Stories from the Field: Chock Full of Data
A new Wallace Foundation report, "Chock Full of Data," explores the ways six school districts are using leader tracking systems to make informed decisions using data. Recently, a small hiring team gathered in the Denver Public Schools district to discuss an opening for an assistant principal. The current principal wanted a candidate who would foster an inclusive school culture and make meaningful ties with students and their families. Rather than reviewing hundreds of resumes and scanning for key words that might indicate excellence in these areas, the group used the system’s Vacancy Matching Tool. They filtered candidates whose performance evaluations demonstrated expertise in family engagement and culture. This narrowed the pool of candidates and quickly moved the process to phone interviews.
In a second illustration of how these systems work, both Hillsborough County, Fla., and Denver Public Schools are strengthening their partnerships with university preparation providers by sharing the performance data of graduates. The districts can discuss with university personnel how to improve their programs to increase graduates skills in specific areas. Administrators in Gwinnett County, Ga., are using data to improve their own district-run preparation program. The district recently looked at its own data system when making a decision about the importance of a 180-day versus 90-day residency.
District Spotlight: Hillsborough County Public Schools
Tricia McManus, executive director of leadership development for Hillsborough County Public Schools in Florida, is an advocate for leader tracking systems.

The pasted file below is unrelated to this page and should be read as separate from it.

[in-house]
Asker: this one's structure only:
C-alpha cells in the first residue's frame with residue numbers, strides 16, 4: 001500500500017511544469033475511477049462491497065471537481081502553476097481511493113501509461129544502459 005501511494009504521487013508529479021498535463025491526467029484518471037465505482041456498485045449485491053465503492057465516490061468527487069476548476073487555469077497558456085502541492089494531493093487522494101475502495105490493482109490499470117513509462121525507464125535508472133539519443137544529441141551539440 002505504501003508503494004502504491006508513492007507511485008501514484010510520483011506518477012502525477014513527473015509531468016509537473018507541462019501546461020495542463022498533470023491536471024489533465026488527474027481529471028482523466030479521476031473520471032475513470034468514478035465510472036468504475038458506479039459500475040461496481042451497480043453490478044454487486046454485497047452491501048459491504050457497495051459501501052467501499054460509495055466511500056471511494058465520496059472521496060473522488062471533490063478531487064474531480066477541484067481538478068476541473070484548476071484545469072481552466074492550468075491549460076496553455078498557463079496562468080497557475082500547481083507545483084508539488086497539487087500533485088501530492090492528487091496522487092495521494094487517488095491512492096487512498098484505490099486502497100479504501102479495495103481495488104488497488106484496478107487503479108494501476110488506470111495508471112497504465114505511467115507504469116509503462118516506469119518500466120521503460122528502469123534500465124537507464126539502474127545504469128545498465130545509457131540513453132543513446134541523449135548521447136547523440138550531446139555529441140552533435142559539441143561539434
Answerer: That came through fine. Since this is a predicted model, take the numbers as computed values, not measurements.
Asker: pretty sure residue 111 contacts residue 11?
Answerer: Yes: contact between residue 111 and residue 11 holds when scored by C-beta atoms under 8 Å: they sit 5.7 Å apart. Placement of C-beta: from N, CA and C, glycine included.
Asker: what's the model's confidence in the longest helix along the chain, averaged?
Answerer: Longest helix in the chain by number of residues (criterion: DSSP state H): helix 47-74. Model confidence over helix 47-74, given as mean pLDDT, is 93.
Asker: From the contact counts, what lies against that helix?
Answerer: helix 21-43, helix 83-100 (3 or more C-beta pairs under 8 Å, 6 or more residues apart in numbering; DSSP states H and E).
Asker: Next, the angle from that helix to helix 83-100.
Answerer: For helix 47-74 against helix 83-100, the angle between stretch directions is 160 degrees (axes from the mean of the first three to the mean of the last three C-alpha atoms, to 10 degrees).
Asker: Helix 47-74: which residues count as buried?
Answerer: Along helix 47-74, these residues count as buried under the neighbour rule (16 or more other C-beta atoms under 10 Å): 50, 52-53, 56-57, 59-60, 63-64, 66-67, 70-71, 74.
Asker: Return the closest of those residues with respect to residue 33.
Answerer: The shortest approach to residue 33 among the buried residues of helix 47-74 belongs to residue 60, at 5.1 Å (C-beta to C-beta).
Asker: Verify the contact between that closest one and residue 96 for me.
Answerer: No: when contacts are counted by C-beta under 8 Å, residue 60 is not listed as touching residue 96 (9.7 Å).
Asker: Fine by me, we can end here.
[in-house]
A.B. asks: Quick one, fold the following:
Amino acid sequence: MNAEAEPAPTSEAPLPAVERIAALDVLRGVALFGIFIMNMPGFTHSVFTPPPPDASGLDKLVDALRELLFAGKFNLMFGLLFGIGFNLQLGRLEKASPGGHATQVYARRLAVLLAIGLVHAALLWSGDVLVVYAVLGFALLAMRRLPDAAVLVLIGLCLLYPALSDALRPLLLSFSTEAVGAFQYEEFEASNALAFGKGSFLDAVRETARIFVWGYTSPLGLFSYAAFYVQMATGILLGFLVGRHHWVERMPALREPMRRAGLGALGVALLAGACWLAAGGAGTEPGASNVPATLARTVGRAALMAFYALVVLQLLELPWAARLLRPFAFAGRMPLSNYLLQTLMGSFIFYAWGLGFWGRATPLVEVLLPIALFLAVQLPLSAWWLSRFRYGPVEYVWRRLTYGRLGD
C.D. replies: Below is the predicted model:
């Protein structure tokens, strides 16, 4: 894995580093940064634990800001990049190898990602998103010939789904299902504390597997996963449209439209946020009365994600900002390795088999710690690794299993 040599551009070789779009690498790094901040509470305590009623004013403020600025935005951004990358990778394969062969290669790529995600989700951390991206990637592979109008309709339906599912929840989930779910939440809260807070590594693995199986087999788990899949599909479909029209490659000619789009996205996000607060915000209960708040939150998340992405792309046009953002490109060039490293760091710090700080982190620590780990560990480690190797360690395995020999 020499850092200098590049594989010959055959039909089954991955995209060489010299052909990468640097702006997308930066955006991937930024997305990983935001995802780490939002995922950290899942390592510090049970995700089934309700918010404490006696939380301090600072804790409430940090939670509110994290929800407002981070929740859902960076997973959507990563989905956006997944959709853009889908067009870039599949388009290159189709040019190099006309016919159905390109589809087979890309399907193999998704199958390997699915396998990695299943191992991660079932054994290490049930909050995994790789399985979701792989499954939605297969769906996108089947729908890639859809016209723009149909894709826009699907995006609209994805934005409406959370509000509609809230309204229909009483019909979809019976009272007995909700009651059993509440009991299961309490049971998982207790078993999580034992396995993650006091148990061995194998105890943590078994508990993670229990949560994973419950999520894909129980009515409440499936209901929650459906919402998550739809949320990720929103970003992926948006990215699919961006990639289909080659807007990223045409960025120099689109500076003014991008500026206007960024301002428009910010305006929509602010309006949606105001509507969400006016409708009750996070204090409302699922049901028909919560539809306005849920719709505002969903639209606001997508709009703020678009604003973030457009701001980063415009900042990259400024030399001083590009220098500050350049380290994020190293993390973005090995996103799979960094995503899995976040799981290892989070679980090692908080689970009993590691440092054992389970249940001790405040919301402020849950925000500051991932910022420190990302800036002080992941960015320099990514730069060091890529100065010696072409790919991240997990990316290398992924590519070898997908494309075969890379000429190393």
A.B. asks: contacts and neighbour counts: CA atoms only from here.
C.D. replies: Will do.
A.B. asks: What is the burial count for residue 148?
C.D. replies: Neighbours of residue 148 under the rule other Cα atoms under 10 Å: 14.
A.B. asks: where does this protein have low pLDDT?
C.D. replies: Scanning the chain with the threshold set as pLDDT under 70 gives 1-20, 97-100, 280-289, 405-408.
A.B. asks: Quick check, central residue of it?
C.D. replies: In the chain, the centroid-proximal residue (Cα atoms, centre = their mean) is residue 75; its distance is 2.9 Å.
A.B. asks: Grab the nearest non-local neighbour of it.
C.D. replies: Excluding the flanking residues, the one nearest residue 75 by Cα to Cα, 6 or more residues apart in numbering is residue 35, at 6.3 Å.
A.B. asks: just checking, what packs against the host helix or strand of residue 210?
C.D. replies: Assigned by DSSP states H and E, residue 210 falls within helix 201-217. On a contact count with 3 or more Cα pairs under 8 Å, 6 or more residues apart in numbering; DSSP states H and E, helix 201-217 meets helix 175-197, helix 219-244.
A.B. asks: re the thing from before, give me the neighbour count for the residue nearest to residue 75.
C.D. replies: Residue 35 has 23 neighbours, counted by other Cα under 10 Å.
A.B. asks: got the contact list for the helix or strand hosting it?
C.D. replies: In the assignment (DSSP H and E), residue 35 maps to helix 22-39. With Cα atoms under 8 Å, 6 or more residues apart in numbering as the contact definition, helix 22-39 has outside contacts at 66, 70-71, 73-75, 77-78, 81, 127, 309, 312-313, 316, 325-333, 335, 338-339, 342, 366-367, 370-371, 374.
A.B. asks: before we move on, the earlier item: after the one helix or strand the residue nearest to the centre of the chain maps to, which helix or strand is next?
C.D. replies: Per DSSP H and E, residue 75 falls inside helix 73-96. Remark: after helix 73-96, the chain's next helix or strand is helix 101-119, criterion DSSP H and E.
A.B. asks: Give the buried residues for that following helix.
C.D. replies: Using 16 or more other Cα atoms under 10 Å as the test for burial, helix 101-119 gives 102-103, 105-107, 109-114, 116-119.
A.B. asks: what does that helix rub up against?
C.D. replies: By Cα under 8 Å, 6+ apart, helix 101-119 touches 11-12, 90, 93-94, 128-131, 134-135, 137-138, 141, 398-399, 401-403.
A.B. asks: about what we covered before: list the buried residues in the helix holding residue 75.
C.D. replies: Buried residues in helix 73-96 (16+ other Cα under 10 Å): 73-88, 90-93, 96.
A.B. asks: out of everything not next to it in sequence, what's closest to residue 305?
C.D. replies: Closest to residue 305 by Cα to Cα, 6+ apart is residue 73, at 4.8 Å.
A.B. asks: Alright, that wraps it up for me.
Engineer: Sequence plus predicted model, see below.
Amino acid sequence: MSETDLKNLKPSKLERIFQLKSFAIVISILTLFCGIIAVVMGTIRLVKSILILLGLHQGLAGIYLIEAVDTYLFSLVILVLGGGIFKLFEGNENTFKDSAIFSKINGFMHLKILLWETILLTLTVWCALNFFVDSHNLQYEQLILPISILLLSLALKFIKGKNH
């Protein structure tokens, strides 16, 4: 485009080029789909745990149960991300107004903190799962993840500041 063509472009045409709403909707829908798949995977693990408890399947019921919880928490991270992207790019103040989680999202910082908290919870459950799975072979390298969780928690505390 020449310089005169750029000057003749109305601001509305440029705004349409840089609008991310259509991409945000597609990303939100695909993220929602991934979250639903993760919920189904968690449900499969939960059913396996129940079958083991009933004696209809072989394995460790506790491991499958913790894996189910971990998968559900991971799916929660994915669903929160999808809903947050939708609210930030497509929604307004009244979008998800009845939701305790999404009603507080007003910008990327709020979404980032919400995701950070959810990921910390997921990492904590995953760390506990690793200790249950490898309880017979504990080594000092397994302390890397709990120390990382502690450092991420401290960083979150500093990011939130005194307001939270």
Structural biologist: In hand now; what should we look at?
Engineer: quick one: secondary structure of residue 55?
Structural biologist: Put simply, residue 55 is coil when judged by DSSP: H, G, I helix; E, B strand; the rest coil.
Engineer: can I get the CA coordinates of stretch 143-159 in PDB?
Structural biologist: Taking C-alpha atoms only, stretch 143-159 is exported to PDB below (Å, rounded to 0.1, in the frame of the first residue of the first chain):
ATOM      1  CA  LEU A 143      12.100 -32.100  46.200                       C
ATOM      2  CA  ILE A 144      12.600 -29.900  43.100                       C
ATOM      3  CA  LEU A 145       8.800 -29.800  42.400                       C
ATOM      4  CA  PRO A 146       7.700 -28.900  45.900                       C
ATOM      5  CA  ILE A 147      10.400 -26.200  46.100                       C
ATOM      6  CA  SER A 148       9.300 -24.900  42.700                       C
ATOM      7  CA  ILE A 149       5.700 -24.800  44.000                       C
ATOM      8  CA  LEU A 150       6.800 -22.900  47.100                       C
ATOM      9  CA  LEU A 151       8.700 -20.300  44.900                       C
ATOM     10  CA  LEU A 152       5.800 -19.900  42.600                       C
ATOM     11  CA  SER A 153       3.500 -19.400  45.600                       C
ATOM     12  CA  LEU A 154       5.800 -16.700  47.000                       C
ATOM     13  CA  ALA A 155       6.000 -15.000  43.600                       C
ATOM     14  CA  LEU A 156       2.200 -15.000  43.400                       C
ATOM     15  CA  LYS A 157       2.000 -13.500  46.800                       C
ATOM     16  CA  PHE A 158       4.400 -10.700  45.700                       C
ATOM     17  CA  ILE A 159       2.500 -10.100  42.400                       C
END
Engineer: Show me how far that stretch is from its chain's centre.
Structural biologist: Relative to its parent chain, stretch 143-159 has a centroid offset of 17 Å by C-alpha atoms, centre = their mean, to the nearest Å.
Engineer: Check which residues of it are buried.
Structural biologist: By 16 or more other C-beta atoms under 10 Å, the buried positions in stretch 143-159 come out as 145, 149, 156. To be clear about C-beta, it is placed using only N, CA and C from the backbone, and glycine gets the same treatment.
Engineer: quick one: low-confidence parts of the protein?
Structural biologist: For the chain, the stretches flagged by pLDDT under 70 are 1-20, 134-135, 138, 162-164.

“I think it is critical for every school district to have this data to assist in managing its talent and career mapping,” McManus explains.
Hillsborough personnel view the system as a way to improve hiring decisions, and to track the quality of professional development and principal preparation partnership programs. McManus reports that before implementing the system, it often took an entire day for someone to collect basic information for the hiring team. Now the hiring team has comprehensive data on each candidate at its fingertips.
McManus explains: “Fit and match are so important as well as making sure our pre-service and job support are preparing candidates for their future roles.”
As the district invests in professional development resources, its tracking system can be used to store survey data from participants on the efficiency and value of professional development. In Hillsborough, populating leader tracking systems has become a priority as district personnel ask the question, “What could be more important than getting great leaders into our schools?”
State Policy Approaches
- Engage in conversations with stakeholders about leadership challenges in your state.
- Encourage districts to work together to establish school leader tracking systems and share lessons learned.
- Consider whether leader tracking systems would be valuable by asking questions, such as:
- How are local districts currently managing their talent pool?
- Do your schools experience high principal turnover?
- How are university and school district partnerships currently evaluated?
- Are districts evaluating the effectiveness of their pre-service and professional development trainings with data?
- Are district-level hiring teams making data-informed decisions?
About The Author
Kelly Latterman is a policy specialist in the education program at NCSL. She is committed to connecting legislators and legislative staff to research. Her expertise is in school leadership, governance and rural education policy.